MA state law for cyclists requires that "every bicycle operated upon a way shall be equipped with a braking system to enable the operator to bring the bicycle traveling at a speed of fifteen miles per hour to a smooth, safe stop within thirty feet on a dry, clean, hard, level surface." In the case of a fixed gear bicycle with no lever-operated brakes installed, do the cyclist's legs/direct connection qualify? The lack of definition of brake system makes this a very gray area, no?

Asked by
Anonymous

Actually, I don’t think that the wording of this law causes a problem for brakeless fixie riders.  In fact, when compared to similar statutes in other states, the Massachusetts version law is far more accommodating of bikes without lever brakes.
 
For example, in Oregon, ORS §815.280 requires all bicycles to be “equipped with a brake that enables the operator of the bicycle to stop the bicycle within 15 feet from a speed of 10 miles per hour on dry, level, clean pavement.” [emphasis mine]  I would argue that it’s much easier to interpret this as requiring a mechanical lever brake than the MA version, which requires the slightly more broad “braking system.”
 
In fact, a judge in Portland interpreted it that way a few years ago.  While I believe his reasoning was flawed, I can see where he’s coming from.  However, I think it would be more difficult for a MA judge to reach the same conclusion—a brake is a well defined and commonly accepted term, but a “braking system” has a bit more room, and can conceivably include a fixed gear and a pair of legs.
 
Don’t get me wrong, I think riding fixed without a front brake is stupid and unsafe, and I’ve made no secret of it.  That being said, legally speaking, I still don’t think that brakeless fixies should be outlawed.  Though it is quite severe, the main risk that they present (i.e., a broken chain on the way into an intersection) is not that much more likely than the other types of catastrophic equipment failures that can befall any other cyclist.  Also, the risk to the public is relatively low, as the fixie rider will probably only end up hurting himself.  I would much rather see the police pulling over bikers who ignore traffic signals, or ride without lights after dark than have them going after the poor dummies who think they are allergic to brake levers.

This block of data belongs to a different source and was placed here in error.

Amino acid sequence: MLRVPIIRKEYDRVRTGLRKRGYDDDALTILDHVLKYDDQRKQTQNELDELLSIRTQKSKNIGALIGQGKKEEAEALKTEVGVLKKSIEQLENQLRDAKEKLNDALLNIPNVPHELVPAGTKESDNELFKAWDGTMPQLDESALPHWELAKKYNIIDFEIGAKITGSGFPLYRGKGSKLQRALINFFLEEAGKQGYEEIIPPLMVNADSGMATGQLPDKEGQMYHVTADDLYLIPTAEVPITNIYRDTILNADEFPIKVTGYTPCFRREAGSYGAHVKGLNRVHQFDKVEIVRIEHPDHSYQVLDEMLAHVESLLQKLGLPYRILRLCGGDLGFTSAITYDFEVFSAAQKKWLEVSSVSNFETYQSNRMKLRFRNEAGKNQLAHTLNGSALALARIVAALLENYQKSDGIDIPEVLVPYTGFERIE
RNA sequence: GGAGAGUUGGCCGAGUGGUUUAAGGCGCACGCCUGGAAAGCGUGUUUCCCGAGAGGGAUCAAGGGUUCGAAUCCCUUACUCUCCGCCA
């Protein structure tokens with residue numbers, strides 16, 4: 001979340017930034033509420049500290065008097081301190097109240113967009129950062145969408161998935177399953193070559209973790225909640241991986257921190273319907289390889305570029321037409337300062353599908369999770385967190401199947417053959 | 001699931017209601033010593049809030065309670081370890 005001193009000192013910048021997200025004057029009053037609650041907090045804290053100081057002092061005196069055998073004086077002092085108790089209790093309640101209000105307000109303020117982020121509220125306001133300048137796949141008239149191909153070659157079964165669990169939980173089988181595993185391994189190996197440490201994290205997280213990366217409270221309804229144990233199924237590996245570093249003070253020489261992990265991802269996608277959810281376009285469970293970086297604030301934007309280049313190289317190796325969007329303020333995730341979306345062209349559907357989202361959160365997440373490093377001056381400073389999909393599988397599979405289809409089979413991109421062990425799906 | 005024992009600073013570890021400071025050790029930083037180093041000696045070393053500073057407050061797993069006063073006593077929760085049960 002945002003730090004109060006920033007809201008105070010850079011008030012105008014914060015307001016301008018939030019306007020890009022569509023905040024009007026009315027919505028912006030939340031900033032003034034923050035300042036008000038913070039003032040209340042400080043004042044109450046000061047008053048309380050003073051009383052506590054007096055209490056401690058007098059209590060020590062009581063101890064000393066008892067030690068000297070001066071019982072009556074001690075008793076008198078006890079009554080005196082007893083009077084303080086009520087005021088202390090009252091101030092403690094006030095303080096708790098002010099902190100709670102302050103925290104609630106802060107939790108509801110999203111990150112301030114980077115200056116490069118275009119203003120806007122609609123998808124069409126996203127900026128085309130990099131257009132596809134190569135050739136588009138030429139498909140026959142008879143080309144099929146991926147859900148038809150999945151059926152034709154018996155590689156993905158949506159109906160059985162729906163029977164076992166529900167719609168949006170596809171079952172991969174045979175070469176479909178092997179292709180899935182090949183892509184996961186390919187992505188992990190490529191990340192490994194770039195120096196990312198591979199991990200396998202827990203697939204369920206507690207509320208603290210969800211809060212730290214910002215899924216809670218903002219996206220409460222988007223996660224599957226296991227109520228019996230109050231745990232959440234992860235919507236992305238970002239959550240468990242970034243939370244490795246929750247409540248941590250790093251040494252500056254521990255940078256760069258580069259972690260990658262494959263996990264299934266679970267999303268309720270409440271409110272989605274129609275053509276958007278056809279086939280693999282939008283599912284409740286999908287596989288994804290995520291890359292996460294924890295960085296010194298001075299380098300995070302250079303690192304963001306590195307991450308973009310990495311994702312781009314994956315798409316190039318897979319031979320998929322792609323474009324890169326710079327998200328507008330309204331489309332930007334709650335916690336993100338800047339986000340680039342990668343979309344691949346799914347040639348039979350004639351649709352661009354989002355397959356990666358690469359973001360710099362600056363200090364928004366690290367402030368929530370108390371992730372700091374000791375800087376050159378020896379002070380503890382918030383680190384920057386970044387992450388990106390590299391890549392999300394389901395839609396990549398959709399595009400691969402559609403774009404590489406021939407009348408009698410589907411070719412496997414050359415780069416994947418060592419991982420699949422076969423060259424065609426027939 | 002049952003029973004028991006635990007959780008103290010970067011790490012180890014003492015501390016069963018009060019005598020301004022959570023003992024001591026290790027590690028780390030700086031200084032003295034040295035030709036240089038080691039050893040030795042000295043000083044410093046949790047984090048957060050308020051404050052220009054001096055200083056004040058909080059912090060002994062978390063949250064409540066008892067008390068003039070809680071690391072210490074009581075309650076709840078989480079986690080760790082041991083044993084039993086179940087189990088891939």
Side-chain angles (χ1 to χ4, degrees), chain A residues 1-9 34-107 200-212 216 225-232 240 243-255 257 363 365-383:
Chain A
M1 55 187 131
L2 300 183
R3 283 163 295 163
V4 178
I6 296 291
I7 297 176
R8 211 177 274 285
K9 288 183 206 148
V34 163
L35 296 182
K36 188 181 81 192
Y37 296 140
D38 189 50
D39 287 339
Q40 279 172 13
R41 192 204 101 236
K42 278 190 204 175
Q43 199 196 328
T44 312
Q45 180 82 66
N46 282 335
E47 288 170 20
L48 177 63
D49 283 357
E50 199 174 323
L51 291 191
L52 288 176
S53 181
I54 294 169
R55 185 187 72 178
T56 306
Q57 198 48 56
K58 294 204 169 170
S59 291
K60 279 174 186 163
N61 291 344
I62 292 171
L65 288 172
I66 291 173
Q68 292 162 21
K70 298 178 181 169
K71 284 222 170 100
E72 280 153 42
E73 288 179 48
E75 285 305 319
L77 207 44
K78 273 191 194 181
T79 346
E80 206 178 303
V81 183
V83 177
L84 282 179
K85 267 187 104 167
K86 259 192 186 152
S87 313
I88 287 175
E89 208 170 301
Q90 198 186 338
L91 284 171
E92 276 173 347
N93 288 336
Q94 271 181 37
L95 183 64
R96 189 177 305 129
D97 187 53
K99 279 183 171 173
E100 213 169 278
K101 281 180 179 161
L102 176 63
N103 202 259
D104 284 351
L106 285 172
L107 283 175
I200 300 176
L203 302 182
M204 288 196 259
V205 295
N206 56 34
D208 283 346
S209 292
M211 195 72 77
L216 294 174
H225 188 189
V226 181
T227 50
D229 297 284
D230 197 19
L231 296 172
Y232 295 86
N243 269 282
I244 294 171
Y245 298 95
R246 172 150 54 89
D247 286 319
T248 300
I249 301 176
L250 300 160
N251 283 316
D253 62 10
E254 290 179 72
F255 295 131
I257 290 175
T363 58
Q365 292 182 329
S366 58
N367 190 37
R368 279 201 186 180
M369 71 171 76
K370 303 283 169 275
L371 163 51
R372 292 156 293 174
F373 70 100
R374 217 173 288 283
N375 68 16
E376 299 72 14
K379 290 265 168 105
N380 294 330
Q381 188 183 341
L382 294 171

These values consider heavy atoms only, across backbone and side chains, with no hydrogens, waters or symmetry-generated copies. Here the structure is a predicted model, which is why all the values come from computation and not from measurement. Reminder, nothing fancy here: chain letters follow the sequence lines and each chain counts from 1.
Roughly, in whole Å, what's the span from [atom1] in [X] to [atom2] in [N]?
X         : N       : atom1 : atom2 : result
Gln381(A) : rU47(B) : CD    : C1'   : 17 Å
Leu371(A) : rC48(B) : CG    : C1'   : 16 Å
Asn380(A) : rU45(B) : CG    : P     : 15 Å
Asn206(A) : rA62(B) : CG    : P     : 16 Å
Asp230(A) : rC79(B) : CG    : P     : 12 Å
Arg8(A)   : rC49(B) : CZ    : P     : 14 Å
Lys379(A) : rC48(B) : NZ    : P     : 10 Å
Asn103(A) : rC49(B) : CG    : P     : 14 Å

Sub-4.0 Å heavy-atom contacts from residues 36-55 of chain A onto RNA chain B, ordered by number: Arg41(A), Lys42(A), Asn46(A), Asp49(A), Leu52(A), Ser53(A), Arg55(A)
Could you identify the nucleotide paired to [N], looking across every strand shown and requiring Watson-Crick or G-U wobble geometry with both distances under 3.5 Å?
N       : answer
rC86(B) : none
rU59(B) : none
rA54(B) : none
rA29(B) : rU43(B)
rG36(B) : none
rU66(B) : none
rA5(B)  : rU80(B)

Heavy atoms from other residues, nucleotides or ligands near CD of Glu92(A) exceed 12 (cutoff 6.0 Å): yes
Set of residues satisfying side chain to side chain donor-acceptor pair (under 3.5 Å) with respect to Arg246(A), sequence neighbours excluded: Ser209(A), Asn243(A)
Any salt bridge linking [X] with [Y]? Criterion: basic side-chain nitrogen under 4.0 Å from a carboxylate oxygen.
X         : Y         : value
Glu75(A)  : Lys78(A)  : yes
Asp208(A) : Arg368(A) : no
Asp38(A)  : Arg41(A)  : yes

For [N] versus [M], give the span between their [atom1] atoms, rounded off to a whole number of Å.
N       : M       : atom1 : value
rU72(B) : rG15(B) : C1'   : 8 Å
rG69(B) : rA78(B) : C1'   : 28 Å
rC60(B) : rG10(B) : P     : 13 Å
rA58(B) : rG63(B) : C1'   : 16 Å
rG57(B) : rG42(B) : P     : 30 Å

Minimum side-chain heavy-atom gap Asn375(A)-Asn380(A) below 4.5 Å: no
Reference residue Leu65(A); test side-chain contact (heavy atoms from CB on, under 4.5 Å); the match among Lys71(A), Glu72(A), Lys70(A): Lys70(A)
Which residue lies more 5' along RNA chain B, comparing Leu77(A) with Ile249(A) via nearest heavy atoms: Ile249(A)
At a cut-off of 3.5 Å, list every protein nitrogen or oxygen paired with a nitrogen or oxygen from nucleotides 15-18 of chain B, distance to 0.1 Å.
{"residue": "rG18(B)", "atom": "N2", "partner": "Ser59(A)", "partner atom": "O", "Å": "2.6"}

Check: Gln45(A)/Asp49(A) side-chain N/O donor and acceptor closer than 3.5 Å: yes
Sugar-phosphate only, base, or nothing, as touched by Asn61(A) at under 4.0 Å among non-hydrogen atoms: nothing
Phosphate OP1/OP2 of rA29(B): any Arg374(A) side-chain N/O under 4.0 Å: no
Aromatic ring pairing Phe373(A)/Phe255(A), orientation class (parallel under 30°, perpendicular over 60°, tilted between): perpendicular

-JZ

Do you know if a driver's license would be required to use something like the upcoming FlyKly Smart Wheel in MA?

Asked by
Anonymous

Yup.  According to Massachusetts General Law Ch. 90 §1, that thing makes your bike into a “motorized bicycle.” That means that under Ch. 90 §1B, you need a valid driver’s license (or learner’s permit) to operate one.  Other regulations:

  • You have to be 16 or older
  • You can’t go faster than 25MPH
  • You have to wear a helmet
  • You can’t ride on the sidewalk or on bike paths
  • Hand signals are mandatory

The same rules apply to all ebikes, not just smart wheels.  Bummer, I know.  Still, that thing seems like a cool idea, especially for the weak and/or lazy. (jk)

-JZ

The Right Hook

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(Note: An edited version of this post was originally published in last month’s issue of Momentum Magazine, where I am currently writing their “Legal Brief” column. Below, for your enjoyment, is the original manuscript, uncut and completely uncensored.)

                                                               ⬣ ⬣ ⬣

One of the scariest types of crashes, the right hook can happen with almost no warning.  It occurs when a car is traveling in the same direction as a bicyclist, and then suddenly turns right into a driveway, private road, or parking space. The biker is either struck from the side as the car turns, or gets cut off and collides head on with the side of the car.

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Lately I've seen these neato graphics that say: "3 FEET, ITS THE LAW" with regard to a motorist passing a cyclist. Is that true here in Massachusetts?

Asked by
jontramos

Hi Jon,

Nope!  Contrary to popular belief, Massachusetts does not have a 3-foot passing law.  Instead, our law says the following on the subject:

In approaching or passing a person on a bicycle the operator of a motor vehicle shall slow down and pass at a safe distance and at a reasonable and proper speed.

I know it sounds like weak sauce, but in my opinion our law is actually preferable to one with a fixed passing distance, such as three feet.  That’s because “a safe distance” allows for some all-important variability. 

For example, three feet may be a healthy margin when a car is passing you at 25 MPH, but what about when they pass you doing 50?  Though technically “legal,” that can be terrifying, and more than enough to cause a crash.